3 2. Wellington s Current Situation Wellington is a significant international travel generator and attractor. As a generator of outbound demand, Wellington has New Zealand s second largest urban population 2, is the centre of government, the location of the New Zealand stock exchange and recognised as a global financial centre 3, and has two significant universities within its catchment. As an attractor of inbound demand, Wellington has consistently been voted New Zealand s favourite leisure destination by New Zealanders 4, Te Papa is the most visited museum/gallery in Australasia, and has numerous international events 5. By contrast, the number of overseas visitors to Wellington is significantly lower than the population, economy, and popularity would suggest. For 2010, international visitors to the Wellington Regional Tourism Organisation (RTO) area were 685,000, significantly lower than the South Island s West Coast and Queenstown, and slightly ahead of Rotorua. More nights are spent in Wellington by visitors on average (5.2) than the other listed RTO s (apart from Auckland), suggesting there is as much for visitors to do in Wellington as the West Coast and Queenstown. The statistics show that Wellington s visitor numbers are being held back compared to Auckland and Christchurch (and related West Coast/Queenstown). Table 1: Top 10 RTO s by International Visitors (2010) International Visitors ( 000) Visitor Nights ( 000) Average Nights Auckland 2,287 16, Canterbury 2,035 6, West Coast 797 1, Queenstown 742 2, Wellington 685 3, Rotorua 639 1, Northland 492 1, Nelson 415 1, Fiordland Dunedin 371 1, This is not surprising given the current international offering into and out of Wellington. Internationally, Wellington is served by only two independent airlines (NZ/DJ and QF), on 3 trans- Tasman sectors (BNE, SYD, MEL and a seasonal Fiji) using narrow-bodied aircraft, with no direct services from airlines with significant global presence. Only having two airlines makes it easy for each to closely monitor the others operation and subsequently find a favourable equilibrium of capacity (and fare). By contrast, Auckland has 7 airlines (excluding DJ) serving 7 destinations and Christchurch 4 airlines serving 4 destinations. Whilst the number of airlines indicates a high level of competition at Auckland and Christchurch airports, the types of offering have also been critical to stimulating the 2 Wellington and Kapiti combined population of 429,700 as at 30 June Wellington ranked 27 th on the Global Financial Centre index 2011; see 4 The Tourism Industry Association Mood of the New Zealand Traveller quarterly survey 5 Such as the New Zealand International Rugby Seven s, Toast Martinborough, International Festival of the Arts, World of Wearable Arts Awards Show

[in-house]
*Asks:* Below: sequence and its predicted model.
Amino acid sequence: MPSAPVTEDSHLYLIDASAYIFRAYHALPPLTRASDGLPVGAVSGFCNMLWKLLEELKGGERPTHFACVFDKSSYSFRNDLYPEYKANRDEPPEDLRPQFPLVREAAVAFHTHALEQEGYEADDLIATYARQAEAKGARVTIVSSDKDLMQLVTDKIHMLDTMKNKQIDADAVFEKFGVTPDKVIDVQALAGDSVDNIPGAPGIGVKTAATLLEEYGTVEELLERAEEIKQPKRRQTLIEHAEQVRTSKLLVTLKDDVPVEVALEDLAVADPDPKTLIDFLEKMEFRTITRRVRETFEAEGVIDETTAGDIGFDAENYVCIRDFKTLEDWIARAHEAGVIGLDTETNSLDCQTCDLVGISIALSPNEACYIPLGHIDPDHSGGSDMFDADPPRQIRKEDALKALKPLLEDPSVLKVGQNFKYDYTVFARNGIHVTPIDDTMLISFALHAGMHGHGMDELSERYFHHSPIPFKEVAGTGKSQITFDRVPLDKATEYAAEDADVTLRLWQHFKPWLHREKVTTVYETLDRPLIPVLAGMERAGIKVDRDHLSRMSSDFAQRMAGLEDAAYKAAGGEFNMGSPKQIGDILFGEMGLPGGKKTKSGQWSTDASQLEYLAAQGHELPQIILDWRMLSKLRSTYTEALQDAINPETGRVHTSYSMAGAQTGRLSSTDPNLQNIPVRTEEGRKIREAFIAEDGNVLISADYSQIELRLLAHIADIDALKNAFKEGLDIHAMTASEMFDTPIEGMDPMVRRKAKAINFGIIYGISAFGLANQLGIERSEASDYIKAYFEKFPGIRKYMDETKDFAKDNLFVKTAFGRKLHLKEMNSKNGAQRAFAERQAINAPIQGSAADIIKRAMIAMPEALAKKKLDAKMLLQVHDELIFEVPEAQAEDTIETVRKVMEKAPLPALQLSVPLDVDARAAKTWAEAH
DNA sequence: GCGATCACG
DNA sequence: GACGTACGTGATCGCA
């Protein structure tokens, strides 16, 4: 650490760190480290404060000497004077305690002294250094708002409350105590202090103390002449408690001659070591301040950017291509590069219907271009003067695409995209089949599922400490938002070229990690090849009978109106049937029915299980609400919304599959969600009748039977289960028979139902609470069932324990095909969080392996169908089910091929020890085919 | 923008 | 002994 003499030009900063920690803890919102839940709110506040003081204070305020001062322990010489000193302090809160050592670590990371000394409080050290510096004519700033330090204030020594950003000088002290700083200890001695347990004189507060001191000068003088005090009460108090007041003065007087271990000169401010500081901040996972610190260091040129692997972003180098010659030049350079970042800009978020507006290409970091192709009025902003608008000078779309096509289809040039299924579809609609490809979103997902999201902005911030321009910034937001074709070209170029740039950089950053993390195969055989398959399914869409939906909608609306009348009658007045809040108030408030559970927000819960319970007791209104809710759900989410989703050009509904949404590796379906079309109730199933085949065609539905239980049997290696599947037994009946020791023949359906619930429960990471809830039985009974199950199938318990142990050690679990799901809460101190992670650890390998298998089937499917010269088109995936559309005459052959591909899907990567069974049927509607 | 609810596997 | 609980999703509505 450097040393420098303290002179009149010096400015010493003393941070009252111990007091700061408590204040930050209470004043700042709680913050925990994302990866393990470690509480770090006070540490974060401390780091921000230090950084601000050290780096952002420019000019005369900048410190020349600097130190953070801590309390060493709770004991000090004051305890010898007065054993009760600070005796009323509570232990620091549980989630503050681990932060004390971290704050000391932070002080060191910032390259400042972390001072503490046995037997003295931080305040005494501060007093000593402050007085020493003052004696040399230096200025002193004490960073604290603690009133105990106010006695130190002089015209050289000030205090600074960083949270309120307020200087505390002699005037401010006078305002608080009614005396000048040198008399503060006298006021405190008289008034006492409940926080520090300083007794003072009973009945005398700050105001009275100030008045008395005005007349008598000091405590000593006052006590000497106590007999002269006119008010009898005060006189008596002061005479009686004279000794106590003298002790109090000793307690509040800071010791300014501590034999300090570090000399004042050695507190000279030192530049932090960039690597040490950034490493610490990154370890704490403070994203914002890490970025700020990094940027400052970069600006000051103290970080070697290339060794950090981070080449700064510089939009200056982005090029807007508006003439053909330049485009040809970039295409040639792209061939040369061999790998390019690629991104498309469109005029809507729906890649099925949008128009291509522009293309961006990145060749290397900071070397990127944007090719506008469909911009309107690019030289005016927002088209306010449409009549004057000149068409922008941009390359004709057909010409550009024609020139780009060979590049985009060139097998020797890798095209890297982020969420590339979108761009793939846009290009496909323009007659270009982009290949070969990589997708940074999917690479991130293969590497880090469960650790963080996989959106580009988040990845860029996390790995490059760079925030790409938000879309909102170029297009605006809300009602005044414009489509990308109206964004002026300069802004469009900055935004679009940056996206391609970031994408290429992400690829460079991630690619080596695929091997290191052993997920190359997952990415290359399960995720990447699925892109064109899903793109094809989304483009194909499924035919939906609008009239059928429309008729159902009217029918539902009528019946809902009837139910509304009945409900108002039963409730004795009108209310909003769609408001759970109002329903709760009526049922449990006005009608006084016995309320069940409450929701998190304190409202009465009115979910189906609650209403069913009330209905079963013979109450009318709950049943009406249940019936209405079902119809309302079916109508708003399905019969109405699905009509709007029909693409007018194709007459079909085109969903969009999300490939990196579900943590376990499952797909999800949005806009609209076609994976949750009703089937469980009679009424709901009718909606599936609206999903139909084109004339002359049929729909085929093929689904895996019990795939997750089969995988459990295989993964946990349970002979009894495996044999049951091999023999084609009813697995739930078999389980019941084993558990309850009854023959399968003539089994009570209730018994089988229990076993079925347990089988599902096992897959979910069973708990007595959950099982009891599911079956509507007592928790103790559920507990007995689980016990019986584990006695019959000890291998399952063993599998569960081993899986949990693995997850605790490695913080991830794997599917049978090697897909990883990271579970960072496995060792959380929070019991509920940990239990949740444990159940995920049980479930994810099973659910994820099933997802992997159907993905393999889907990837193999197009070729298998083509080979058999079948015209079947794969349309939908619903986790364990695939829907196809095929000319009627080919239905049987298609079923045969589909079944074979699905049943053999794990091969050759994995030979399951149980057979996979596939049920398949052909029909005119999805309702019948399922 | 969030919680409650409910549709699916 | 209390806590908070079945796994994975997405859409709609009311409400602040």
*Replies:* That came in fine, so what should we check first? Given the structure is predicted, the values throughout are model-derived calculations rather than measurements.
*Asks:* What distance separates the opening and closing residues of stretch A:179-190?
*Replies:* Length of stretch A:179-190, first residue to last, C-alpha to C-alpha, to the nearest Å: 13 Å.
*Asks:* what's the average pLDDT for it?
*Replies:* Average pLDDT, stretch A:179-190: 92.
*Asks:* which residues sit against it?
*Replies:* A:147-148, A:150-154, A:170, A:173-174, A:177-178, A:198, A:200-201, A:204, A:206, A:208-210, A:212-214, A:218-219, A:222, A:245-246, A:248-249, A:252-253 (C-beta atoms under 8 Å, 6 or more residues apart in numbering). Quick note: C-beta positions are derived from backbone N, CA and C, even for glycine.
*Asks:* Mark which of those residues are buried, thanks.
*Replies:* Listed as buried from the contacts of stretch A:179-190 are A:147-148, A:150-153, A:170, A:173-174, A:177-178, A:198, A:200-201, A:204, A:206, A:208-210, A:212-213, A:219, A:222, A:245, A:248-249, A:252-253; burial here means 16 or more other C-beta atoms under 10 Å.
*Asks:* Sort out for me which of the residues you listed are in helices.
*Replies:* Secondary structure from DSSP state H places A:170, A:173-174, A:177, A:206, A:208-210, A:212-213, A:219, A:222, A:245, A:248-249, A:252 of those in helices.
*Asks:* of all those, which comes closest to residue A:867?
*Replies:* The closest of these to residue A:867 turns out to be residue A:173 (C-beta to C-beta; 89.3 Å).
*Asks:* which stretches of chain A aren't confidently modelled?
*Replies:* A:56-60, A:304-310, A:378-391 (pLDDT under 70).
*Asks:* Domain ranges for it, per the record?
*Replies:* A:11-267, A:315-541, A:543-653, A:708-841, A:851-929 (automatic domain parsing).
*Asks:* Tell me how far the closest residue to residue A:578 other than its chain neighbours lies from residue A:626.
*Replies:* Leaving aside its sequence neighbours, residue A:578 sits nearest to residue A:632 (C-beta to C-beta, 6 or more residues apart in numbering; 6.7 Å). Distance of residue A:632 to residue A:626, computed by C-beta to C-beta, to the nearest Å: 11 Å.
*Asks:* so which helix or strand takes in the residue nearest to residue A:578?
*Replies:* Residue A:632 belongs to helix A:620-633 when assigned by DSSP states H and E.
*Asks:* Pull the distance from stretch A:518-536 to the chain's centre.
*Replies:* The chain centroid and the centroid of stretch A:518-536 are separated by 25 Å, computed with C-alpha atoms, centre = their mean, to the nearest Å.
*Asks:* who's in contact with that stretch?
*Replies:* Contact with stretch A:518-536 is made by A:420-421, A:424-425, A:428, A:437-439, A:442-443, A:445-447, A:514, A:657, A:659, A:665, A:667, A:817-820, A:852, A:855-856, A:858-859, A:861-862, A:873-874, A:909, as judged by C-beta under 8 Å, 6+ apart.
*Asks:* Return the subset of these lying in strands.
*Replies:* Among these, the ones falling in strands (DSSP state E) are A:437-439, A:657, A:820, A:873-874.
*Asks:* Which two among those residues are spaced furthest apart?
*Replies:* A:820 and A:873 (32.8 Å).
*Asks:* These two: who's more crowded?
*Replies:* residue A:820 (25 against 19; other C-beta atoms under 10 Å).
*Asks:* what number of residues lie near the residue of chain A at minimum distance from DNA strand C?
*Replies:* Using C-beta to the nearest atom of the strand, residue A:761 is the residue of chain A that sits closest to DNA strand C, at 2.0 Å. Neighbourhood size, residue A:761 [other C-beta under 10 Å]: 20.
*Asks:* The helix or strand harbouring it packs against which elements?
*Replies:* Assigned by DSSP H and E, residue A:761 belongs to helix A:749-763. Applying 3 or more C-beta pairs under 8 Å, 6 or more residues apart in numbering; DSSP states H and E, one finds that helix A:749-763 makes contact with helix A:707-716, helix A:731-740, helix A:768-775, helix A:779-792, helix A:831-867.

4 international visitor market. 5 th freedom trans-tasman carriers offering an affordable full service in wide-body aircraft, with seamless connections to long haul destinations have transformed the Auckland and Christchurch markets, and have themselves been the catalyst for the introduction of low cost carriers (LCC s) offering a significant price differential. Wellington does not have a 5 th freedom carrier or an international LCC. Figure 1 shows that trans-tasman passenger growth at Wellington airport has been around half that of Auckland and Christchurch. Figure 1: Trans-Tasman Traffic Other +1% WLG +54% CHC +105% AKL +94% When capacity increases, fares reduce. Figure 2 shows the number of seats per annum in 2010 (before the Christchurch earthquake) on the major trans-tasman sectors corrected for the population at both ends. At the time Wellington was significantly underserved compared to Auckland and Christchurch when population was corrected for. The Wellington-Melbourne sector was around 25% of the trans-tasman average on a seats/capita basis, while Wellington s sector with most capacity (South-East Queensland) was around 50% of the average. The situation remains unchanged.